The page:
Pets are a wonderful addition to our lives, and can add love, joy, and excitement to the family. But no matter how much you love your pet, there will be times when he needs to be temporarily boarded. It may be difficult to find travel and accommodations for a pet during a vacation, and family emergencies or other sudden events may require leaving pets behind for a while.
The most common place to board your pet is at a kennel. A kennel is a facility specialized in short or long term care of dogs, though many accept cats as well. Choosing a kennel wisely will ensure that you and your pet have a relaxed and stress free time away from home.
Many industries have organizations that set standards of safety, accountability, and best practices. Kennels are no exception. Animal care facilities are watched over by organizations such as the International Boarding and Pet Services Association (formerly known as the American Boarding Kennel Association). The IBPSA sets standards for the care of animals in kennels, day care, and other non-medical pet facilities.
It's not required for a kennel to be certified, but it's a good idea to choose facilities that have taken this extra step. Certification means that the kennel has achieved high standards for pet safety, employee training, emergency procedures, cleanliness, grooming, and other operating procedures. Many kennels proudly include accreditation in their advertising, so it should be easy to find accredited facilities in your area.
One of the most important aspects of choosing a kennel is cleanliness. Bringing multiple animals together in close quarters always creates a risk for spreading viruses or disease, so careful cleaning and disinfecting of boarding areas is a must.
Many kennels will offer a tour to prospective clients, and this is the perfect time to ask questions and observe the hygiene procedures. The runs and cages should be cleaned at least once a day, preferably twice, with a safe but effective disinfectant. Accidents should be taken care of immediately. The kennel area should be visibly clean and fresh smelling, and the animals should look clean and comfortable. Lobby and office areas should be tidy as well. The kennel should present a picture of a pleasant and well maintained facility.
In most cases, pets will remain healthy during boarding and will not need medical care. Elderly pets or those with existing health problems may need special care during their stay, and there's always a tiny chance that something unexpected may happen to even a healthy pet. It's best to know what veterinary options are available before choosing a kennel.
Some animal hospitals include boarding alongside their medical services. This is helpful for pets who need regular medication or close monitoring, since they can be easily cared for right alongside the hospitalized pets. Hospital boarding may be available for healthy pets as well, but keep in mind that the hospital's major concern is with sick and injured animals.
It's also wise to learn about the procedures involved in giving medical care. Is the kennel staff trained to recognize an animal in distress? Do they have a relationship with a nearby veterinarian who accepts emergencies? What decisions are made if they can't reach you by phone to explain the problem? Knowing the specifics will help smooth the process if something unexpected should occur.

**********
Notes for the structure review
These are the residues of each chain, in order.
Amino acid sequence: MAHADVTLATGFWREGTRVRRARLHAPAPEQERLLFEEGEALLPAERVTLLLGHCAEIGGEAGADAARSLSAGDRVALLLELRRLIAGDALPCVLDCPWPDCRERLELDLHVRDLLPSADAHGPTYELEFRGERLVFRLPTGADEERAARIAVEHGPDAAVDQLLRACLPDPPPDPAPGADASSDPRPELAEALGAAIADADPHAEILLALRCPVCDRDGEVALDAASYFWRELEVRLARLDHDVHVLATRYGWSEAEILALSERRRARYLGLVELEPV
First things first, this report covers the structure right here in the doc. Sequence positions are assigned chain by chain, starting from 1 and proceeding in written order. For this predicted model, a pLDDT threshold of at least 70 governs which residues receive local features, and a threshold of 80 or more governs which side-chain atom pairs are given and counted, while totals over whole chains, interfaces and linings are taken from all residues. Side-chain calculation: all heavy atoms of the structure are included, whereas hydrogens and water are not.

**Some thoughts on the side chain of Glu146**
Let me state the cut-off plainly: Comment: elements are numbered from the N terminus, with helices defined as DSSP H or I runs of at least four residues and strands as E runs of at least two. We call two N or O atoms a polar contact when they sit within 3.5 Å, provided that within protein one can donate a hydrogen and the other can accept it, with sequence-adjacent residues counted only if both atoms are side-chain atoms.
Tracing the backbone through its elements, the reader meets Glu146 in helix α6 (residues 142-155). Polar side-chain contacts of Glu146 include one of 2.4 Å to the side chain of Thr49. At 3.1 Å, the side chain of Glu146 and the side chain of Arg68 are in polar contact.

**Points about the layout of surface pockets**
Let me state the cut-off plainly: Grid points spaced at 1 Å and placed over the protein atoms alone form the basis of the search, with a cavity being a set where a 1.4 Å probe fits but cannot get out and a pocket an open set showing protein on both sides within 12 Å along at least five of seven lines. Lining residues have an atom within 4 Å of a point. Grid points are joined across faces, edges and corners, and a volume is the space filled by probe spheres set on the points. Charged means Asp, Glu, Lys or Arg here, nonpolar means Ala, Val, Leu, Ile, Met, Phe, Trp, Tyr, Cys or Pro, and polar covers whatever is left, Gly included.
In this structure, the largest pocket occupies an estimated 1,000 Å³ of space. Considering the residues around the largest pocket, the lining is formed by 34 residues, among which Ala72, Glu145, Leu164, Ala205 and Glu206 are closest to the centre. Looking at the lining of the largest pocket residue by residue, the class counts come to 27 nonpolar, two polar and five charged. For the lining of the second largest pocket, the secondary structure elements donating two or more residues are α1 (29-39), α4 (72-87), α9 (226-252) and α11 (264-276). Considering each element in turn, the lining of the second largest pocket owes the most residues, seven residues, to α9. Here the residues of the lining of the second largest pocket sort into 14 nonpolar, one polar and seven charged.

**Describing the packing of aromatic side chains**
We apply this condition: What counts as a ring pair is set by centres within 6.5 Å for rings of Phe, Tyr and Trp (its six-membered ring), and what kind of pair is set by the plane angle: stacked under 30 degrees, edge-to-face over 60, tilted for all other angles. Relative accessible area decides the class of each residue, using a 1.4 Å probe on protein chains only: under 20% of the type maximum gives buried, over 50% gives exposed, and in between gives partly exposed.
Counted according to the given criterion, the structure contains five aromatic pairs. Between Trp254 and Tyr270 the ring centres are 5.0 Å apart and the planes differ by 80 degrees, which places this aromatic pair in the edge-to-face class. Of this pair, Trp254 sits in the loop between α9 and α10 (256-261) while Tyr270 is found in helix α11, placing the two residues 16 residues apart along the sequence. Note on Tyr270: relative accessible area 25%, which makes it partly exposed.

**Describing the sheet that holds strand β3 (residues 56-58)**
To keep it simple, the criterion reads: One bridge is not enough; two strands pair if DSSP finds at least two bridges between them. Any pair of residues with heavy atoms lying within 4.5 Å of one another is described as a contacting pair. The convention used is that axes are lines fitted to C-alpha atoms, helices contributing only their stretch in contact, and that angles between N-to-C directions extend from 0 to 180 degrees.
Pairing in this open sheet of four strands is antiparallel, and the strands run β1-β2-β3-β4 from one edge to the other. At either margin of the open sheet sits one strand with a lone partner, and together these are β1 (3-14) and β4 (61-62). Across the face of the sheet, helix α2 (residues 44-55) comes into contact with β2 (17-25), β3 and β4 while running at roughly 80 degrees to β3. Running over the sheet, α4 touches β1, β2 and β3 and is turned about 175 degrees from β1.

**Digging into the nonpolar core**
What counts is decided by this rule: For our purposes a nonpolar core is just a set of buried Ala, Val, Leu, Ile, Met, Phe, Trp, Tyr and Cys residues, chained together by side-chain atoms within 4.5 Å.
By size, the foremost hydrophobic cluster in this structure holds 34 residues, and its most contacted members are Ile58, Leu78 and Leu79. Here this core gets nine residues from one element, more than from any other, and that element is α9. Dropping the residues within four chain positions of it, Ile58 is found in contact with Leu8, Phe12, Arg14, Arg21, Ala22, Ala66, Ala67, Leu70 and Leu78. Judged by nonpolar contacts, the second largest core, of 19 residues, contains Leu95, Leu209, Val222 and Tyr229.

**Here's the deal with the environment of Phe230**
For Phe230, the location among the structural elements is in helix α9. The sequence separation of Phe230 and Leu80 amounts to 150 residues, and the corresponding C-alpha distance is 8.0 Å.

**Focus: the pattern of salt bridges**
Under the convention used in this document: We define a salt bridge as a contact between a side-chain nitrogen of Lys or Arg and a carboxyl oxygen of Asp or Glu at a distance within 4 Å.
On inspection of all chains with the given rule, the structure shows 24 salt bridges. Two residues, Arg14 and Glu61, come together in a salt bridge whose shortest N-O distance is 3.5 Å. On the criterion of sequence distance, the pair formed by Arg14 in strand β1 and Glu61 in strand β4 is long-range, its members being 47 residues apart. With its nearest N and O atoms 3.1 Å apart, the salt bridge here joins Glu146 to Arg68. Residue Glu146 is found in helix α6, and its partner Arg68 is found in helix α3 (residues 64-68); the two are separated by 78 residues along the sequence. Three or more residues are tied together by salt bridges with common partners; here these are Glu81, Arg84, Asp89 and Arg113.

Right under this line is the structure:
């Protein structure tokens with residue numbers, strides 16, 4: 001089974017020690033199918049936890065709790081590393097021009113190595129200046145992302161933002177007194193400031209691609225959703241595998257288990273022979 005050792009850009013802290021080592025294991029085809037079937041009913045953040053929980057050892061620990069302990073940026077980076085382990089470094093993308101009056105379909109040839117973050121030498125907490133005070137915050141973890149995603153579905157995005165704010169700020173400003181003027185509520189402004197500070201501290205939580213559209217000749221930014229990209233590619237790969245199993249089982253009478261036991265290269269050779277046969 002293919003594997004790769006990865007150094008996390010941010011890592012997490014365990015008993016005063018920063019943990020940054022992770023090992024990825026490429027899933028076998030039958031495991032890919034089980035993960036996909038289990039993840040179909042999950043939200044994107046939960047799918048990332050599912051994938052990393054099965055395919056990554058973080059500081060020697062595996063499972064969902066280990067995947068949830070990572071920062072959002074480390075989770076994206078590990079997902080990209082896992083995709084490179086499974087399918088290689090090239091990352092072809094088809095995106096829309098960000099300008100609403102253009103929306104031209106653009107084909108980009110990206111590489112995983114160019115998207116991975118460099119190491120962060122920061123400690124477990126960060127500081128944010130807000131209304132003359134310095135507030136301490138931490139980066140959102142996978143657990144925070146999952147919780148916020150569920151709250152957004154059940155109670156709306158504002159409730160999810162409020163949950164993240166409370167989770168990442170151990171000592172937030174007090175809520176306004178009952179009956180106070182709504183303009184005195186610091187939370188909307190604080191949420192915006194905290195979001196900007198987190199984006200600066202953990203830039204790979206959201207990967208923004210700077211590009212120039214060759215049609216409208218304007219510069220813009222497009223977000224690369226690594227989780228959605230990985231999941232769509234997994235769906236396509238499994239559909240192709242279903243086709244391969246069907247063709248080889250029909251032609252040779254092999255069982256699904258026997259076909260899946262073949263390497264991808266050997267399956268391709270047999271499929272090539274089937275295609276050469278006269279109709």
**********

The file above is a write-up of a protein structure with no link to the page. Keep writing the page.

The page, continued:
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Bathing and Grooming
Because of the health risks, most kennels have strict standards for cleanliness. But even with rigorous cleaning procedures, pets can sometimes get dirty or smelly during their stay. Unless bathing an excited dog is something you want to do after returning from a trip, it can be helpful to look into bathing and grooming services.
It's fairly common for kennels to offer a bath on the last day of boarding, sometimes for a reduced price if the stay has been long. Some facilities may offer grooming services as well; these may be as simple as a brush out by the staff, or as complex as a full clip performed by an in-house professional groomer. Bedding and toys can often be laundered as well. Learning
about what procedures are offered is useful in bringing home a clean and fresh smelling pet!
Boarding can be extra stressful to cats and their owners, due to the usual dog-centric focus of most facilities. There are some special concerns when boarding a feline.
One important aspect of boarding a cat is to make sure that the cat area is completely separate from the dog section. Many cats are frightened by dogs, so being housed in close quarters will cause undue stress and fear. The cat area should be separate from the dog area, preferably on the opposite end of the building. It should be kept clean and odor free, and each cat should have her own cage or run for privacy.
Staff should also be trained in the basics of medical care for cats. Cats tend to show much more subtle signs of poor health than dogs, and some behaviors (like panting) can have very different meanings for the two species. It's always a good idea to choose a facility that welcomes cats as equal boarders, and not just an "extra" to the dogs. Though they aren't very common, cat-only facilities do exist as well, and are held to the same high standards for accreditation.
Choosing a boarding kennel shouldn't be a simple choice. A valued and loved member of your family is being cared for, so careful consideration should be put into which kennel you entrust them to. These tips should help you choose a facility that will keep your pet safe, healthy, and happy!